Asbestos Air Monitoring
What is asbestos air monitoring?
Asbestos air monitoring is the process of measuring and analysing the concentration of airborne asbestos fibres. Asbestos air monitoring aims to identify the level of exposure risk to workers and the public and ensure that control measures are effective in minimising this risk of exposure.
Who can conduct air monitoring?
Asbestos air monitoring must be conducted by Licenced Asbestos Assessor.
Act before it’s too late.
Air monitoring is the only way of ensuring an area is safe from air-borne fibres. All types of Air monitoring are performed following the NOHSC:30039(2005) and tested in a NATA accredited laboratory.
Type of asbestos Air Monitoring
Exposure air monitoring aims to assess a worker’s level of asbestos exposure. The worker wears a personal air monitor for a specific period measuring the concentration of asbestos fibres in the individual’s breathing zone.
Background air monitoring evaluates ambient asbestos fibre concentrations in the atmosphere during normal conditions at a static location. This type of air monitoring is generally conducted before an event, such as asbestos removal work, to provide a baseline for comparing future results.
Control air monitoring is generally only performed from a static location to evaluate the efficiency of control measures. Certain control measures, such as those used in asbestos removal work, require air monitoring.
Clearance air monitoring is conducted after asbestos removal work to ensure the area is safe for reoccupation. Enclosures from the removal must remain erect until the fibre concentration is below the acceptable level of less than 0.01 fibres/ml.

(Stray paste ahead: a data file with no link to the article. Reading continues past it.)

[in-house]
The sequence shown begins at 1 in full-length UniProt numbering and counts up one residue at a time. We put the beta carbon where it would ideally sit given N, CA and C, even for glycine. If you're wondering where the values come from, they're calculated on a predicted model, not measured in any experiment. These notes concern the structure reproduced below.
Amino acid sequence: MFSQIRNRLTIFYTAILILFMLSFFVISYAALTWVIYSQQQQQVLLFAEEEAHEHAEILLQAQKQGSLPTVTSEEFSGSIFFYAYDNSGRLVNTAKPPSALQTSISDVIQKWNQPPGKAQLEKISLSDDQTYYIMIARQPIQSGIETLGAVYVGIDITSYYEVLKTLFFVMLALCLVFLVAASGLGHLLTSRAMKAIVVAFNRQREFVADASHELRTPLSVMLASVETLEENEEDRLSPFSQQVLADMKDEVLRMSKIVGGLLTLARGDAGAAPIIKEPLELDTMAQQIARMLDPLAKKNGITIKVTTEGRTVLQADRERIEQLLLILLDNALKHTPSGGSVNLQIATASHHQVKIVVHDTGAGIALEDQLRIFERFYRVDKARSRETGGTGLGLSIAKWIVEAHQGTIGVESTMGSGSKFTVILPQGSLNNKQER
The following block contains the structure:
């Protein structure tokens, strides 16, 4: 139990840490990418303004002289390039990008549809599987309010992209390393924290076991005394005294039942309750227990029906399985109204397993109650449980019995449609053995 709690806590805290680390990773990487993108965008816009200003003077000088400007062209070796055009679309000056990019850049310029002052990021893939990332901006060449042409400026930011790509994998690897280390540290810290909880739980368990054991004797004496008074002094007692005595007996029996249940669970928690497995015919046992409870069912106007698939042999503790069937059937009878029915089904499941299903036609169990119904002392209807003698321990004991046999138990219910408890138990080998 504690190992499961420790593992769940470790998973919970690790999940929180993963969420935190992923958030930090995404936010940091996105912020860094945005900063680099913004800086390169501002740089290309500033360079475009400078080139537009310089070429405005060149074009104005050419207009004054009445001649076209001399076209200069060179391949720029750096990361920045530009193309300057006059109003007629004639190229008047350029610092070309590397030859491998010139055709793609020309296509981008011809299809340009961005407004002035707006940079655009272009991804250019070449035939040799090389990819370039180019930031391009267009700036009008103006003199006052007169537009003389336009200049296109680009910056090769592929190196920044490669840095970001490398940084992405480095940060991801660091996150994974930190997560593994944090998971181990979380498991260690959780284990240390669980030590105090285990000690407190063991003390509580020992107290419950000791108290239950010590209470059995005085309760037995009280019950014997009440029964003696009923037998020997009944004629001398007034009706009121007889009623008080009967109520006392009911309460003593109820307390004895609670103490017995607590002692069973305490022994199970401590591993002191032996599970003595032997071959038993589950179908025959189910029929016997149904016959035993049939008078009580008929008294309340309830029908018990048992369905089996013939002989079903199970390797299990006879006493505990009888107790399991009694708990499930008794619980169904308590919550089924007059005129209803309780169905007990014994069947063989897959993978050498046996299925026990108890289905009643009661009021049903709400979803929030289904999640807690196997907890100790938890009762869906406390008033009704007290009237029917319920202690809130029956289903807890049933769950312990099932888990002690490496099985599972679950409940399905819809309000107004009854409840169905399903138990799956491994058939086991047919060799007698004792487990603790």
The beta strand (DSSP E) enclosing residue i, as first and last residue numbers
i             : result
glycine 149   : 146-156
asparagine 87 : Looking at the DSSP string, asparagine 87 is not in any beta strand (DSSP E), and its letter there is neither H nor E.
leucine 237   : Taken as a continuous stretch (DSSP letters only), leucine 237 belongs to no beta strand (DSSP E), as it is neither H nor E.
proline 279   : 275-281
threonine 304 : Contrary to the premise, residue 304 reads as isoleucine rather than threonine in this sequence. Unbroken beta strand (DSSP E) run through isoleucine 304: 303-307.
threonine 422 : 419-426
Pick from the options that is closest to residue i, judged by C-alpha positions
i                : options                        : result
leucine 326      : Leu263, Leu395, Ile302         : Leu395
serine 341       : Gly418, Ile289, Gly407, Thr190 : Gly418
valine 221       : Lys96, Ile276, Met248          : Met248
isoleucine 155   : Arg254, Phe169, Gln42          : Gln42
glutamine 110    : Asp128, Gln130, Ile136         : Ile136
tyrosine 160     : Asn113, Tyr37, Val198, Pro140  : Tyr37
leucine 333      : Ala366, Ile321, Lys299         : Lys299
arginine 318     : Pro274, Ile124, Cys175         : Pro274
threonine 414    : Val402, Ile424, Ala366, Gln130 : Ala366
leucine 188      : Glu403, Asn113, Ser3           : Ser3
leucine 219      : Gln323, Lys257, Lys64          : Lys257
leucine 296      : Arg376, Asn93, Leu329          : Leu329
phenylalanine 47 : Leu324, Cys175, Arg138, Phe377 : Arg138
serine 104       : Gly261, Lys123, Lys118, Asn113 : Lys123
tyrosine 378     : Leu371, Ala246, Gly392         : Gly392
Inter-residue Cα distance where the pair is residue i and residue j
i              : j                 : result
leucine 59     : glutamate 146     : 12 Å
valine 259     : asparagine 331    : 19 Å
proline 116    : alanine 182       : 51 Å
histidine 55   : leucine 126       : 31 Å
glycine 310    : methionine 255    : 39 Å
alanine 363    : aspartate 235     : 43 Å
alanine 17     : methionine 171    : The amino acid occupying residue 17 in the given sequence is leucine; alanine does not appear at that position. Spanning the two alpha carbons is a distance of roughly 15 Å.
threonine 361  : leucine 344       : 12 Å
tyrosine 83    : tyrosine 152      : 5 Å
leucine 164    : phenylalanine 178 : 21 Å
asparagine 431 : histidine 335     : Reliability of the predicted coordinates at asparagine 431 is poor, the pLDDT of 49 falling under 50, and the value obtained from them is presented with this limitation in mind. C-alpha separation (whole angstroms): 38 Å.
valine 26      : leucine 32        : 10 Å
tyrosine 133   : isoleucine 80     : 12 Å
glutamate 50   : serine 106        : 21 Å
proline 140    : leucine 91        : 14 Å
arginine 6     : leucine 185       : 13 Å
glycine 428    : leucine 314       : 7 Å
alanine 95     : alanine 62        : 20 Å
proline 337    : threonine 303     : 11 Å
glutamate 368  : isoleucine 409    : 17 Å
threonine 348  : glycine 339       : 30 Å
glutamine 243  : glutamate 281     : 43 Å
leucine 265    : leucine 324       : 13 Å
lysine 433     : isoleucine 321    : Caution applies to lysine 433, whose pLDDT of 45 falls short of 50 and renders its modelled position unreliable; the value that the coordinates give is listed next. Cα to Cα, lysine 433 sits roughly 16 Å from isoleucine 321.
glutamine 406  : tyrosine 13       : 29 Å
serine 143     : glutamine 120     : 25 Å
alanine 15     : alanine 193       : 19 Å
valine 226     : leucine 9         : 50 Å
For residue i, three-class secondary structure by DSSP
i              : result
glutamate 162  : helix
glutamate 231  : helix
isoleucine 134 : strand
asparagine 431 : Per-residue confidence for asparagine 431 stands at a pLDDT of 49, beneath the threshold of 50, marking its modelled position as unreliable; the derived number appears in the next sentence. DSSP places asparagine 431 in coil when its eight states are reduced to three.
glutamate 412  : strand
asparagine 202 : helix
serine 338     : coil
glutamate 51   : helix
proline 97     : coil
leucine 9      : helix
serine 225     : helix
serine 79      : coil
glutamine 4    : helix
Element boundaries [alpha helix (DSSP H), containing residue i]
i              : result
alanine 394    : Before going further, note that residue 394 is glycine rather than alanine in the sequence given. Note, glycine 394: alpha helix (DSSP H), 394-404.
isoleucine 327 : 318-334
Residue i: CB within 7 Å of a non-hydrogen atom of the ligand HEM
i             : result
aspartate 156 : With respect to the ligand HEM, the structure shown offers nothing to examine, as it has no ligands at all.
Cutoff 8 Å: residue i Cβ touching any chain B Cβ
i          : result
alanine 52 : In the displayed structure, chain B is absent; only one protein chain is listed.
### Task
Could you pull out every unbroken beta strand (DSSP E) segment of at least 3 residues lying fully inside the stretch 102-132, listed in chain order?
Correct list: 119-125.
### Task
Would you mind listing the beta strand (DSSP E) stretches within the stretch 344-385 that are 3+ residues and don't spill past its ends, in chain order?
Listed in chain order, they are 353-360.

How Asbestos Air Monitoring is Conducted
Only a Licenced Asbestos Assessor should conduct asbestos air monitoring using the NOHSC:30039(2005) and approved methods.
The Licences Asbestos Assessor will conduct a pre-sampling site assessment to determine the best location for air sampling. The site will be evaluated for potential sources of asbestos fibres, such as ACMs, asbestos in soil, and previous asbestos removal activities. The assessor will also assess the potential for cross-contamination and ensure the sampling equipment is calibrated and functioning correctly.
The assessor will use specialised air sampling equipment set at a pre-determined flow rate for a set period to collect air samples from the designated locations. After the sample collection time, usually between 4 to 8 hours, the desired volume of air is pulled through the asbestos sampling cassette, where fibres collect for analysis.
The air samples will be sent to a NATA-accredited laboratory for analysis, where the filters are removed from the cassettes and prepared for examination using Phase Contrast Microscopy (PCM). Respirable fibres (greater the 5 micrometres in length and less than 3 micrometres in width) are counted in 100 graticule fields (microscope eyepiece – Walton-Beckett circular graticule). The total number of fibres counted during analysis and the total air volume sampled are used to calculate the fibre concentration displayed as fibres per millilitre of air (f/ml).